• 53. Types of Disclosures 1. Indirect Hints Examples ♦ "My brother wouldnt let me sleep last night." ♦ "Mr. Jones wears funny underwear." ♦ "My babysitter keeps bothering me." ♦ "I dont like it when my mother leaves me alone with my uncle." Explanation A child may talk in these terms because he or she hasnt learned more specific vocabulary, feels ashamed or embarrassed, has promised not to tell, or for a combination of those reasons. 2. Disguised Disclosure Examples ♦ "I know someone who is being touched in a bad way." ♦ "What would happen if a girl told someone she was being molested, but the person did not believe her?" Explanation A person may be talking about someone she or he knows, but is just as likely to be talking about himself or herself. Encourage the individual to tell you what he or she knows about the "other person." Then ask whether something like what is being said has ever happened to him or her. 3. Disclosures with Strings Attached Examples ♦ "I have a problem, but if I tell you, you have to promise not to tell." Explanation Many people believe something very negative will happen if they break the secret of maltreatment. The child may have been threatened by the offender to ensure his or her silence. Let the person know that there are some secrets that you just cant keep. Assure the individual that your job is to protect the child and keep him/her safe. Let the person know you will keep it as confidential as possible, but that you are required by law to make a report.Making a Difference: Mandate to Report, Responsibility to Prevent Child Abuse & Neglect –Participant Materials
  • 54. What to do When a Child or Adult Discloses 1. Find a private place to talk with the person. 2. Reassure the person making the disclosure. a. "I believe you." b. "I am glad you told me." c. "It is not your fault this happened," (if talking to the child). d. Affirm that maltreatment is wrong. 3. Listen openly and calmly, with minimal interruptions. Try to keep your own emotions and nonverbal cues neutral. 4. Write down the facts and words as the person has stated them. Use the child’s own vocabulary. 5. Do not promise not to tell. Know your limits. This is not a situation you can handle by yourself. However, do not discuss what the child told you with anyone who is not directly involved in helping the child. 6. Tell the truth. Don’t make promises you can’t keep, particularly relating to secrecy, court involvement, placement and social worker decisions. 7. Be specific. Let the child know exactly what is going to happen. Tell the child that you must report the abuse or neglect to Child Protective Services. Tell the child that a social worker who helps families with these kinds of problems may be coming to talk with the child. 8. Assess the child’s immediate safety. Is the child in immediate physical danger? Is it a crisis? Are there others in the home who can protect the child? 9. Be supportive. Remember why the child came to you. The child needs your help, support and guidance. Reassure the child that telling about the abuse or neglect was the right thing to do. It is the only way to make it stop. 10. Report the disclosure within 48 Hours to Child Protective Services. Call the toll-free CPS Hotline at 1- 800-352-6513. For serious physical abuse and sexual abuse, also contact the state police and local law enforcement.Making a Difference: Mandate to Report, Responsibility to Prevent Child Abuse & Neglect –Participant Materials
  • 55. What NOT to Say When Someone Discloses To You 1. Dont ask "why" questions such as • "Why didnt you stop him or her?" • "Why are you telling me this?" 2. Dont say "Are you sure this is happening?" 3. Dont ask "Are you telling the truth?" 4. Dont say "Let me know if it happens again." 5. Dont ask "What did you do to make this happen?"If someone does make a disclosure, dont try to get all the details.Listen attentively and ask him/her if he/she wants to say anything else. If she chooses tosay nothing more, then proceed to notify the designated official as soon as possible andfollow the steps outlined by your church/agency policy. Also, write down the actual wordsused in the disclosure and your interaction with the individual. This first statement madespontaneously has forensic significance to the investigators and the exact words can beimportant.Above all, MINIMIZE the number of questions you ask and avoid the use of leadingquestions (questions that suggest an answer) e.g., "Did your uncle touch you in theprivate area too? Was he wearing a blue jacket?"Making a Difference: Mandate to Report, Responsibility to Prevent Child Abuse & Neglect –Participant Materials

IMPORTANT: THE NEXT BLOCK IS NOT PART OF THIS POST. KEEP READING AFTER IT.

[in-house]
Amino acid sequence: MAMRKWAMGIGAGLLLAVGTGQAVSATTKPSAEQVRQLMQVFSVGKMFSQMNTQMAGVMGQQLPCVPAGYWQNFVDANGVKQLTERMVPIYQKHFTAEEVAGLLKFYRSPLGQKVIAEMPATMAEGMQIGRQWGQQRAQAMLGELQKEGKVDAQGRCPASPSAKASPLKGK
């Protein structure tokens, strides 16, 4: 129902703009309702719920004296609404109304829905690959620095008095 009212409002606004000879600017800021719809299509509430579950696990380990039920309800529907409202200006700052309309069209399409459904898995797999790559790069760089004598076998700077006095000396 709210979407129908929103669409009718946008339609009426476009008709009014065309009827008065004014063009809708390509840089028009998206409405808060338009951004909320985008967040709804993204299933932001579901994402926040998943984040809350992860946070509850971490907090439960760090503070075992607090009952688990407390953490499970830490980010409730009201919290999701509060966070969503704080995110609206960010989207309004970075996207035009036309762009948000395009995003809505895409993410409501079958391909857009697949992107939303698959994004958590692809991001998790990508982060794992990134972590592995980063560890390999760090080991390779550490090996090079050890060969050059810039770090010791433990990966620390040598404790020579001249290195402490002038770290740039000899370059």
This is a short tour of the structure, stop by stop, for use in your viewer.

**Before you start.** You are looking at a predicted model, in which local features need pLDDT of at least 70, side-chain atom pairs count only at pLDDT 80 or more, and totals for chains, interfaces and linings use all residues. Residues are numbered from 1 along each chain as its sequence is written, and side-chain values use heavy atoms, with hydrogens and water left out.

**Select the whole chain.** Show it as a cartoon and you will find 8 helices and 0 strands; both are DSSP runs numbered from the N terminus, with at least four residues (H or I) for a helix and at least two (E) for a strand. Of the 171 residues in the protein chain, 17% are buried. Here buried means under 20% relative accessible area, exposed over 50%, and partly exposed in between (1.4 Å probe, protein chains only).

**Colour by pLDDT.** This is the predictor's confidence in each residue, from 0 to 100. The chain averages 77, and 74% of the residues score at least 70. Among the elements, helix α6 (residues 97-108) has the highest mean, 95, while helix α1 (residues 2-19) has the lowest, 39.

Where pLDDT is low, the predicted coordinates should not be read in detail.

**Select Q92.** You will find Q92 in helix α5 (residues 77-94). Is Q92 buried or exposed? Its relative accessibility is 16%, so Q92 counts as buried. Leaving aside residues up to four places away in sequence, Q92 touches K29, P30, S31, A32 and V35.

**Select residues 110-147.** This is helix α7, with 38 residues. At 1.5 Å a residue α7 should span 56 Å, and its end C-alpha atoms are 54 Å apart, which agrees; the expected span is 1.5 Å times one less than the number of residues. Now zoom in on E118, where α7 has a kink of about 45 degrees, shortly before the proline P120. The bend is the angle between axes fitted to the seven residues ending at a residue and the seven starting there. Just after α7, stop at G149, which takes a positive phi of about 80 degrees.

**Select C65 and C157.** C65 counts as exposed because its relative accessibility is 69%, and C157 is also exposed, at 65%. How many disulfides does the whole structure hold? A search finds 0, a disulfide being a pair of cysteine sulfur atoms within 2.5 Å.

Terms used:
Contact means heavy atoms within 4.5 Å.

• 56. Tab 7Making a Difference: Mandate to Report, Responsibility to Prevent Child Abuse & Neglect –Participant Materials
  • 57. What Happens When You Make a Report ModuleGoals • To provide information on: o What happens when you make a report; o The WV Child Abuse and Neglect hotline; o The role of Child Protective Services.Group size Large groupTime 10 minutesMaterials Slides 21-22 Handout - What Happens When You Make a Report Reporting Suspected Abuse or Neglect in WV – Flow chartProcess 1. Tell participants that this section of the training will provide information on the reporting process. 2. Quickly display Slides 21-22. Cover the information, but avoid detailed explanations of the data on the slides. 3. After showing Slide 22, ask participants to turn to “What Happens When You Make a Report” Handout. Ask them to read the information, marking with a pen, pencil, or highlighter those sections of the material that are unclear or that they have questions about. 4. After all participants have read the material, open the floor to questions by participants. 5. Emphasize that mandated reporters are legally required to report suspected abuse or neglect. CPS is responsible for investigating whether or not maltreatment occurred. Strive to maintain focus on reporting, which is the purpose of this training vs. the complexities of CPS response. 6. Tell participants that they can contact the Department of Health and Human Resources, Child Protective Services, or Prevent Child Abuse West Virginia if they have additional questions about the reporting process.NOTE: Participants will likely want to describe at length their experiences andfrustrations of interaction with CPS. Redirect back to the focus of this session onreporting and our role in preventing abuse before it occurs.Making a Difference: Mandate to Report, Responsibility to Prevent Child Abuse & Neglect –Instructor Materials